1. Clear the path for e-cigarettes. This revolution is leaving you behind. Hundreds of thousands are electing to choose this product – yet you waste your time on ruling what colour of boxes you think adults should look at – a campaign gimmick that is untried, untested and unwanted. If you want to be “out there in front of Europe” then let’s get as many e-cigarettes out there as possible. If you hadn’t noticed – they are working – unlike the tired, unimaginative and dangerous “more of the same” policies coming from those in tobacco control. Note that Chris Davies [Libdem] MEP seems to be way ahead of you [see “Politics at it should be done“]

2. Introduce a ban on proxy purchasing (your idea from 2008). Smoking is an adult pursuit. If your concern is children, then make it illegal to purchase cigarettes on behalf of minors.

3. And while you are at it, increase the penalties on those caught selling cigarettes to kids.

4. Act on counterfeiting. Fake cigarettes sell at half the price of UK duty paid cigarettes. Quite attractive to cash strapped youngsters don’t you think? They are sold to minors at school gates, car book sales and markets. They don’t ask for ID, and they don’t care who they sell to. Why not introduce some serious penalties for smuggling and counterfeiting?

That is just four for starters – and they really do start to look like a liberal legacy we can all be proud of.

PS: With great relief we note that education minister, David Laws, and the Home Office minister, Jeremy Browne are reported to remain firmly against this policy.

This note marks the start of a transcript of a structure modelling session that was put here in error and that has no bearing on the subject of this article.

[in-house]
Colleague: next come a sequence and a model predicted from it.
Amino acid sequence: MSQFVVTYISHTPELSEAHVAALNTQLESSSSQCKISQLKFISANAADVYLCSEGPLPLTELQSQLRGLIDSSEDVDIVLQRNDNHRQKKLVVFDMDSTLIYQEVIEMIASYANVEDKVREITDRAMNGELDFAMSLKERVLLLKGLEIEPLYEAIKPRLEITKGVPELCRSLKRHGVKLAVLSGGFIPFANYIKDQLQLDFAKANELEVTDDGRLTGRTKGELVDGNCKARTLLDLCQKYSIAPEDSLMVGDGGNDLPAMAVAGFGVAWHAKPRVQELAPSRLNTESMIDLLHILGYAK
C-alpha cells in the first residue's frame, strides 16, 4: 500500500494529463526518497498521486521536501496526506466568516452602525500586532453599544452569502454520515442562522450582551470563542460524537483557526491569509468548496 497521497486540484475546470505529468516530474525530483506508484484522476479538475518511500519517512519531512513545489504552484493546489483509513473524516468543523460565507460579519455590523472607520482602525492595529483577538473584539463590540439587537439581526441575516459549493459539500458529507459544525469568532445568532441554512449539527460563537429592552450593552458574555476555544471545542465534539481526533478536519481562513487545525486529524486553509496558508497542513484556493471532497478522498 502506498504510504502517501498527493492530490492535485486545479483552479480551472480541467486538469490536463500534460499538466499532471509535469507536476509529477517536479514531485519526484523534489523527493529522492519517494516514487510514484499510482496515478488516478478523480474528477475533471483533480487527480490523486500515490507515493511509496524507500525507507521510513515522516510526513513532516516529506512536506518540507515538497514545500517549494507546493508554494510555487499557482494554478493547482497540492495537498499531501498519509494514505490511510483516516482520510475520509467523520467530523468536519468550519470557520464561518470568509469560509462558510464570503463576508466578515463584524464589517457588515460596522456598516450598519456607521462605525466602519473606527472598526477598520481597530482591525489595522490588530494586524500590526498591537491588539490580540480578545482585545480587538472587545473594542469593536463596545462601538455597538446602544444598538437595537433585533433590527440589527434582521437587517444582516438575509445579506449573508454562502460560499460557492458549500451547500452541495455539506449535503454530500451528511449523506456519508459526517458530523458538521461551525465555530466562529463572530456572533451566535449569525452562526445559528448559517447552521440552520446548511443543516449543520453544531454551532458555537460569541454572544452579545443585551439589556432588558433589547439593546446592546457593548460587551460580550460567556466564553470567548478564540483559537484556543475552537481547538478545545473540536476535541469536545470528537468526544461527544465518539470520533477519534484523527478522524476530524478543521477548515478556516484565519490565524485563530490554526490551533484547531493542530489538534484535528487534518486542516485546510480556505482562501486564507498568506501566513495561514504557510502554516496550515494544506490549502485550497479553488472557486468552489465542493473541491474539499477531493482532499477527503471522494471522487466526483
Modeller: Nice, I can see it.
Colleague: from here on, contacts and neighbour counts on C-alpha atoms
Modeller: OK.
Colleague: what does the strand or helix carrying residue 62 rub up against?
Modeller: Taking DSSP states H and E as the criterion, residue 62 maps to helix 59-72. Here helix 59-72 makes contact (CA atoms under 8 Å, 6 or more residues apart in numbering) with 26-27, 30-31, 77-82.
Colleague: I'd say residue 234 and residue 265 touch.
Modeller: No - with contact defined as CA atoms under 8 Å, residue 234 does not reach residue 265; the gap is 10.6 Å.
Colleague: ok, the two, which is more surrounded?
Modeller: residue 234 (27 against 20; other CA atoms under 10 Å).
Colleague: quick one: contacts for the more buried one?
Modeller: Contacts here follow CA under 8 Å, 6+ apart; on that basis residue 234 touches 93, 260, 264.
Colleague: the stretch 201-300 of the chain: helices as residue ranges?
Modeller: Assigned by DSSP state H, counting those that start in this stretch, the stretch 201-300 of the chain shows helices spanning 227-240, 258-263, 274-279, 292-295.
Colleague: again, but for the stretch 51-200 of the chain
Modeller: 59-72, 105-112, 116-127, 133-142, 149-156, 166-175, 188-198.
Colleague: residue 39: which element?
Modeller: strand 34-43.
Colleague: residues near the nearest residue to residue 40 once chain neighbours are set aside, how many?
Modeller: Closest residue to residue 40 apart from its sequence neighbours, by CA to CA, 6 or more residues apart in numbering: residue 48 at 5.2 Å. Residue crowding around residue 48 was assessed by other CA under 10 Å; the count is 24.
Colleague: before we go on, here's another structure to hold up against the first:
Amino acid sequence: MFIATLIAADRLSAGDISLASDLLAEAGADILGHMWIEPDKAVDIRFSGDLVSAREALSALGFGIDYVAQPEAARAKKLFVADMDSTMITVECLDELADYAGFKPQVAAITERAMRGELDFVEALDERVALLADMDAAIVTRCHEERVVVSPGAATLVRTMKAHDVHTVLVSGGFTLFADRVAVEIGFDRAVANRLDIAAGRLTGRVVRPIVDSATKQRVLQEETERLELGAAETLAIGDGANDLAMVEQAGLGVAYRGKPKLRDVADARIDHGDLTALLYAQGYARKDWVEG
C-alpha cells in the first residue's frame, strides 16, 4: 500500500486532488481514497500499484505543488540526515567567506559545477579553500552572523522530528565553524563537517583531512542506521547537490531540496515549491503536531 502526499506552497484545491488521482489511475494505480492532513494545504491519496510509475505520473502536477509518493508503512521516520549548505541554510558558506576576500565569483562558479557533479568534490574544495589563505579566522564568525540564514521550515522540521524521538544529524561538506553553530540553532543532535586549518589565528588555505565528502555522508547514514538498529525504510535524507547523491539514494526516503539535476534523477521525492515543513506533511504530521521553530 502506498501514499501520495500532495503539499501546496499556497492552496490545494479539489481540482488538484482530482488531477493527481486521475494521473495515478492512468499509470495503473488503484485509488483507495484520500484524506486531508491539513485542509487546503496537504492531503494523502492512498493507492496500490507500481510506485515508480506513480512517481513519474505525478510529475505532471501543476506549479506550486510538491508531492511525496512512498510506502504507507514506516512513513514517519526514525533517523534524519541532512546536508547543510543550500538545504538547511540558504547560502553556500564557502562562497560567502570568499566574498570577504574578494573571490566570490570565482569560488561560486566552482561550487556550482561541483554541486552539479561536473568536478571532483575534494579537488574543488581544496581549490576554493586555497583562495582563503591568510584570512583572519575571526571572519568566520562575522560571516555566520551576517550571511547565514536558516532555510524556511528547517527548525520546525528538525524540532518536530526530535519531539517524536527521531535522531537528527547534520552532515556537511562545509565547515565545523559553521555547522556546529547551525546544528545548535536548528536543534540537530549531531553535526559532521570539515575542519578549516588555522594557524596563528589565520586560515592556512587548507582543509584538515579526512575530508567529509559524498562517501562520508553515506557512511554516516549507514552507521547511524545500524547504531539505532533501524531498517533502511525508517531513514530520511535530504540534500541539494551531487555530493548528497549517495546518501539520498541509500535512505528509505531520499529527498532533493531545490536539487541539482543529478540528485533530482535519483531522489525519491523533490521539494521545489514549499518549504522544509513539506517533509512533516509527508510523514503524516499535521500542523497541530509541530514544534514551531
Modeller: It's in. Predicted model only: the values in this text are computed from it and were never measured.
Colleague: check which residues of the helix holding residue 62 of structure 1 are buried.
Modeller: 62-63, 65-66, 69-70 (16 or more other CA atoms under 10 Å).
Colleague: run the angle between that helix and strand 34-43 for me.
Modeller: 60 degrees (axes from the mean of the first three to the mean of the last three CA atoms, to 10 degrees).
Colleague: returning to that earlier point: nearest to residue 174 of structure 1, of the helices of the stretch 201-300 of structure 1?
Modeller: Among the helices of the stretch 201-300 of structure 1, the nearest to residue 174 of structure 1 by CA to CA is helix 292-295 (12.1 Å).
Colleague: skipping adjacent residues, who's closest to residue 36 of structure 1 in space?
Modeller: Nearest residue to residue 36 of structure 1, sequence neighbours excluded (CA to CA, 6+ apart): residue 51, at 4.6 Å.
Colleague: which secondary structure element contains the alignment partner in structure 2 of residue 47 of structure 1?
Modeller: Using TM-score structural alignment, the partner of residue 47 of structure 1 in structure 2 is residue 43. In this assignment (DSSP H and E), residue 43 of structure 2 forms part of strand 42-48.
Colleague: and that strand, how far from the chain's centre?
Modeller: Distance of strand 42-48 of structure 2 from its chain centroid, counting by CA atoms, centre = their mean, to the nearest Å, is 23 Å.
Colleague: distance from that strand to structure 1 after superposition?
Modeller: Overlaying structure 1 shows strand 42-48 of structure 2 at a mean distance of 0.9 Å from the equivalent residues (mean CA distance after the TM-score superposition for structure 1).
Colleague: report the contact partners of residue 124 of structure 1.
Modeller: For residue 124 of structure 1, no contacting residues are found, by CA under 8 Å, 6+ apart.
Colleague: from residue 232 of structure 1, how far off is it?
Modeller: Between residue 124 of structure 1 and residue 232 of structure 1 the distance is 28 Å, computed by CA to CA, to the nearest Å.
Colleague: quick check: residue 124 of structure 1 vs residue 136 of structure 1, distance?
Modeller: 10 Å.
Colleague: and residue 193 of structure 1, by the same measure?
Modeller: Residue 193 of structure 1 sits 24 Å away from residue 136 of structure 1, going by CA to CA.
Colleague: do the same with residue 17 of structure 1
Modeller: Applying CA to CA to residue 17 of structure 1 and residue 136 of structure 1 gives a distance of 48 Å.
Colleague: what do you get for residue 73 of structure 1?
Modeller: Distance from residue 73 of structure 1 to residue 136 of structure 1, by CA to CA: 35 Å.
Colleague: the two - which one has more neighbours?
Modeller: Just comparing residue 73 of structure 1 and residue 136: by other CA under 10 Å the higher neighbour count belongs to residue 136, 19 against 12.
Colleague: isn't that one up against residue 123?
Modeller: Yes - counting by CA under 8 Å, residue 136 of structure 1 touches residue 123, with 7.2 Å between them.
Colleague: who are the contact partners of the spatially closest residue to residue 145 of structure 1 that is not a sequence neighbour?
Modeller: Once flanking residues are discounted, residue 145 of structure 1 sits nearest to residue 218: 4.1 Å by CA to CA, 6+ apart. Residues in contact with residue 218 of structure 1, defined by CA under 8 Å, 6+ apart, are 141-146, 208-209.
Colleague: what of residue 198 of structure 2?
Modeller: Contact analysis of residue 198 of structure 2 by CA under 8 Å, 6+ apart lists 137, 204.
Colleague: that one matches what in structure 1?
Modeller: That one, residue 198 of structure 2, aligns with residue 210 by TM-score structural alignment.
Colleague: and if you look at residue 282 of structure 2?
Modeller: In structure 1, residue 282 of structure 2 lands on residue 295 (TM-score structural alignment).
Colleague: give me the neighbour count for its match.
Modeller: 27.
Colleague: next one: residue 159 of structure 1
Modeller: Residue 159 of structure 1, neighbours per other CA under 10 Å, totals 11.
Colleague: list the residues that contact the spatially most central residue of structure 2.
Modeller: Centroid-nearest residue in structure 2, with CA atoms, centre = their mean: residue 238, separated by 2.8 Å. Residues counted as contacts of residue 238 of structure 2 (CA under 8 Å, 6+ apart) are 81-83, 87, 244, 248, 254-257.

Seen elsewhere on this topic: “Norman Lamb:Perfect Example of the Genre” and “Open Minded?

Angela Harbutt is currently campaigning against the introduction of plain packaging of tobacco.

Tags: , , ,

Lesson 101. THIS is how you make an apology

By Angela Harbutt
September 21st, 2012 at 10:00 am | Comments Off on Lesson 101. THIS is how you make an apology | Posted in Liberal Democrats

Dear Nick

This is how to make an apology :

Stephen Nolan interview with Norman Lamb 24th October 2010. You see ? Timely, honest and clear.

Stephen Nolan: “You must be very embarrassed by the promise you gave to every single person Norman”

Norman Lamb:  “I am embarrassed by that pledge and I wish that I had not signed it …I take this very seriously. I hate the situation that I am personally am in. I find it a genuine moral dilemma. I want to try and do the right thing…”